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bition. She is made to understand that it is a man of quality who dies for her. The examination of a young girl for business, and the crying down her value for being a slight thing, together with every other circumstance in the scene, are inimitably excellent, and have the true spirit of comedy; though it were to be wished the author had added a circumstance which should make Leucippe's baseness more odious.

It must not be thought a digression from my intended speculation, to talk of bawds in a discourse upon wenches; for a woman of the town is not thoroughly and properly such, without having gone through the education of one of these houses. But the compassionate case of very many is, that they are taken into such hands without the least suspicion, previous temptation, or admonition to what place they are going. The last week I went to an inn in the city to inquire for some provisions which were sent by a wagon out of the country; and as I waited in one of the boxes till the chamberlain had looked over his parcels, I heard an old and a young voice repeating the questions and responses of the church catechism. I thought it no breach of good manners to peep at a crevice, and look in at people so well employed: but who should I see there but the most artful procuress in town, examining a most beautiful country girl, who had come up in the same wagon with my things, Whether she was well educated, could forbear playing the wanton with servants and idle fellows, of which this town,' says she, “is too full?' at the same time, • Whether she knew enough of breeding, as that it a 'squire or a gentleman, or one that was her

VOL. V.-17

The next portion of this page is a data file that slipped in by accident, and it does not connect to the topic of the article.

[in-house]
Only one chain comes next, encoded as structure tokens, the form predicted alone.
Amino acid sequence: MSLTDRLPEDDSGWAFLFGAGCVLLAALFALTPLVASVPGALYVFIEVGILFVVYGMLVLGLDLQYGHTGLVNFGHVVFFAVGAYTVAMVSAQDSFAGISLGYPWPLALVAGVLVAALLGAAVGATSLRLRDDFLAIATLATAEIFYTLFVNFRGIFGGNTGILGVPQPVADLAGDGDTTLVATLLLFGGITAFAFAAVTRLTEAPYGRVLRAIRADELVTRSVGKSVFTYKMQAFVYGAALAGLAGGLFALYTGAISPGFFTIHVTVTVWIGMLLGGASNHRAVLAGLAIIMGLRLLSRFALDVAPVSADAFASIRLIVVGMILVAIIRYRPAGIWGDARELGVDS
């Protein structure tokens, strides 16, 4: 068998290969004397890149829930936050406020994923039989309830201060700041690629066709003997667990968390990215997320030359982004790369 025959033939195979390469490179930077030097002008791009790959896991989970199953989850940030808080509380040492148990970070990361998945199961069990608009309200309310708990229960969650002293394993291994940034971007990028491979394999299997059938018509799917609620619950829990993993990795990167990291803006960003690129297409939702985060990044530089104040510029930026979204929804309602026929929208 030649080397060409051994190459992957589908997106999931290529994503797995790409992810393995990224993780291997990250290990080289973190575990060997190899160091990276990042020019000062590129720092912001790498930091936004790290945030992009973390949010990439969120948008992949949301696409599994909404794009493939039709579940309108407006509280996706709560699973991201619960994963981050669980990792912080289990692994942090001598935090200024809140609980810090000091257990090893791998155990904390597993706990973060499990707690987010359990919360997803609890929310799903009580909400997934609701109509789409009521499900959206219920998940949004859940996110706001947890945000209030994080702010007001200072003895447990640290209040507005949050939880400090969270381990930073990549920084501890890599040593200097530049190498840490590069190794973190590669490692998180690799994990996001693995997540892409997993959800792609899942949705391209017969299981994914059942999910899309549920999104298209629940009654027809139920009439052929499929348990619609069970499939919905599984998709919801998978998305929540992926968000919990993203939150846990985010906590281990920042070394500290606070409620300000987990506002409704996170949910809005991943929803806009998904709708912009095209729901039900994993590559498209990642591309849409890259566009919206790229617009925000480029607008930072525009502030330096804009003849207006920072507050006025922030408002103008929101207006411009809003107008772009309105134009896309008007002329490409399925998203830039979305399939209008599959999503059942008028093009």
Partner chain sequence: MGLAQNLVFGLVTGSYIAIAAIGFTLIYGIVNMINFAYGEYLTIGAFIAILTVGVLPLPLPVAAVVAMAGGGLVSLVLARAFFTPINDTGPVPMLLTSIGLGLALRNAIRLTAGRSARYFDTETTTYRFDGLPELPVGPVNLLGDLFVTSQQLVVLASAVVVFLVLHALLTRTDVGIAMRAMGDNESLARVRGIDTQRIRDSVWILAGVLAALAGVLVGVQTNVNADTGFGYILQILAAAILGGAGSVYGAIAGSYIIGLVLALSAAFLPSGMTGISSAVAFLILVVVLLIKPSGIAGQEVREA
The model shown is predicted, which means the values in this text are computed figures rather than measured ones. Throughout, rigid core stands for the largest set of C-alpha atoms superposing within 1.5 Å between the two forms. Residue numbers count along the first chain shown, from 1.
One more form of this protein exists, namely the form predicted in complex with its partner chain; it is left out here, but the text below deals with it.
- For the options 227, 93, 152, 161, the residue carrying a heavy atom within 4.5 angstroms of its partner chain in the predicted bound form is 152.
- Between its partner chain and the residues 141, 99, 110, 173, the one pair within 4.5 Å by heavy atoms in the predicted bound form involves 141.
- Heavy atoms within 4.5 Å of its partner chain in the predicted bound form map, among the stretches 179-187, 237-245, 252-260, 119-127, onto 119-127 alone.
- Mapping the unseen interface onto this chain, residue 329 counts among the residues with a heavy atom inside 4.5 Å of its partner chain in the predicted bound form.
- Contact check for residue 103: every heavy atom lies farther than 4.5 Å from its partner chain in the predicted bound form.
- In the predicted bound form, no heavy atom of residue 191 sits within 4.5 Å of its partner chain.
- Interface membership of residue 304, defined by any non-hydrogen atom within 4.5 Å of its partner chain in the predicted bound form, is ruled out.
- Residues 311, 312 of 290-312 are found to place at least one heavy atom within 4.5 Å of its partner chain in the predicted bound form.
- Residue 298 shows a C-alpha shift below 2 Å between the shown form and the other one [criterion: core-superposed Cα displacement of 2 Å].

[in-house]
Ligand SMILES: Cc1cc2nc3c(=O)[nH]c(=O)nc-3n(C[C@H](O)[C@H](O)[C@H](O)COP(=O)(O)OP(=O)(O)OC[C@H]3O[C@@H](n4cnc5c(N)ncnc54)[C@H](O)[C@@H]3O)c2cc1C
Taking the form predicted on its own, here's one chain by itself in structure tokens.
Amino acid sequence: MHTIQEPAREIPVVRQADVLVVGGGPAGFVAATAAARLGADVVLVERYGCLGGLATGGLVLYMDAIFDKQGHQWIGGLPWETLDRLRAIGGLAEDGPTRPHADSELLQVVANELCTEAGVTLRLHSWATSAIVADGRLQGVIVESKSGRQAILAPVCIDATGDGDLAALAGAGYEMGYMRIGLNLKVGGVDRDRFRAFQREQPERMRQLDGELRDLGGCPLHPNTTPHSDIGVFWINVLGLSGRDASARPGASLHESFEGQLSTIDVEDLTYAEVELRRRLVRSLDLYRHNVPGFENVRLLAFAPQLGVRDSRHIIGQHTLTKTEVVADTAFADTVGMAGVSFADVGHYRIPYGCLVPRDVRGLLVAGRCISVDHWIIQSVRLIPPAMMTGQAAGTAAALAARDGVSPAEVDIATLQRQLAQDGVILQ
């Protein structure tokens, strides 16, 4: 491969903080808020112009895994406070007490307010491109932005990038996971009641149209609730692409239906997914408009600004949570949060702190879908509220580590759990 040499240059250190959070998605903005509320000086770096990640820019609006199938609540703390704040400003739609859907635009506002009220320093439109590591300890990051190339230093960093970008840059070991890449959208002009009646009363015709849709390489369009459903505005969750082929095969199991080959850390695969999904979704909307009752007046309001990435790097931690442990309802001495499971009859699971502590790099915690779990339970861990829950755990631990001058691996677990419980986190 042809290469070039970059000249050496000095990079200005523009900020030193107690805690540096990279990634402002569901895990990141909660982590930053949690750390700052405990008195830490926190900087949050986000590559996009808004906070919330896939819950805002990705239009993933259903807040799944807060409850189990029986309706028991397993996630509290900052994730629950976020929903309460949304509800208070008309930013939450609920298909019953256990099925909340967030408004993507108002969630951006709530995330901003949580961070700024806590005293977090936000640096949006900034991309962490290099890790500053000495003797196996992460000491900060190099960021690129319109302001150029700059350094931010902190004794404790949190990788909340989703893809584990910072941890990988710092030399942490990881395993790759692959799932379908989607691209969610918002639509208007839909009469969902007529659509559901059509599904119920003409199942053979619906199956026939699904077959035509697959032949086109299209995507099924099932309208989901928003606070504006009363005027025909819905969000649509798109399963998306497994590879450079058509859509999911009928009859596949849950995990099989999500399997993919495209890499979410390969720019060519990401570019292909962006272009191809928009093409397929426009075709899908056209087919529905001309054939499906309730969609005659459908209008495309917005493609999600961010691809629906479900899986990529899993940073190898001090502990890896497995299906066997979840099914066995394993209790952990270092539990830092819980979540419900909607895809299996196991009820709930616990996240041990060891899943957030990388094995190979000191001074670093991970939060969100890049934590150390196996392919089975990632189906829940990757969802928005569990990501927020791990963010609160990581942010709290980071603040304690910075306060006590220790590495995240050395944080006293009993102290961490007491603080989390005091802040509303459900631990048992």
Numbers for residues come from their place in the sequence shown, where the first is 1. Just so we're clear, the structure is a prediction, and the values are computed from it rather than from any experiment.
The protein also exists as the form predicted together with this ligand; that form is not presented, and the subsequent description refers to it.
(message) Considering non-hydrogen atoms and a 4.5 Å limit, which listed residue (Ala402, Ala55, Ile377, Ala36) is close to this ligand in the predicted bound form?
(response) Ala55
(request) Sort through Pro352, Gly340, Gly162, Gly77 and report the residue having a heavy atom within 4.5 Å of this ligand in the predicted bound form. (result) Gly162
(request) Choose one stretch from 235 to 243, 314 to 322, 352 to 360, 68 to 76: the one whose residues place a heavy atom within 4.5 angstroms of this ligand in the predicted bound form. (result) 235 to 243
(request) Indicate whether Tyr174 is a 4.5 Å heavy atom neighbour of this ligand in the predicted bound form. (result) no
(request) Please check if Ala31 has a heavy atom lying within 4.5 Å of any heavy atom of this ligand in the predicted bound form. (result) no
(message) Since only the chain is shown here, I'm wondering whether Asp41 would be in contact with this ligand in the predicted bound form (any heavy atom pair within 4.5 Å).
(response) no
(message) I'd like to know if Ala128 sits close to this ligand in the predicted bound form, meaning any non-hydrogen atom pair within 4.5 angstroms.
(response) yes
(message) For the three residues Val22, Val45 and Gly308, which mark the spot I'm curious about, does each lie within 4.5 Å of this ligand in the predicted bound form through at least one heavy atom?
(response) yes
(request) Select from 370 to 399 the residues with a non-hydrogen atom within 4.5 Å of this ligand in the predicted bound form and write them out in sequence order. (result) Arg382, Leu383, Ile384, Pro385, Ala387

betters, should give her a civil salute, she should curtsey, and be humble nevertheless?' Her innocent. forsooths, yesses, and't please you's, and she would do her endeavour,' moved the good old lady to take her out of the hands of a country bumpkin her brother, and hire her for her own maid. I staid till I saw them all march out to take coach; the brother loaded with a great cheese, he prevailed upon her to take for her civilities to his sister. This poor creature's fate is not far off that of her's whom I spoke of above; and it is not to be doubted, but after she had been long enough a prey to lust, she will be delivered over to famine. The ironical commendation of the industry and charity of these antiquated ladies, these directors of sin, after they can no longer commit it, makes up the beauty of the inimitable dedication to the Plain Dealer, and is a master. piece of raillery on this vice. But to understand all the purlieus of this game the better, and to illustrate this subject in future discourses, I must venture myself with my friend Will into the haunts of beauty and gallantry, from pampered vice in the habitations of the wealthy, to distressed indigent wickedness expelled the harbours of the brothel. (See No. 274 and 276.)

STEELE.

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No. 267. SATURDAY, JANUARY 5. Cedite Romani scriptores, cedite Graii. PROPERT. Give place, ye Roman and ye Grecian wits. THERE is nothing in nature so irksome as general discourses, especially when they turn

chiefly upon words. For this reason I shall wave the discussion of that point which was started some years since, whether Milton's Paradise Lost may be called an heroic poem? Those who will not give it that title, may call it (if they please) a divine poem. It will be sufficient to its perfection if it has in it all the beauties of the highest kind of poetry; and as for those who allege it is not an heroic poem, they advance no more to the diminution of it, than if they should say, Adam is not Æneas, nor Eve Helen.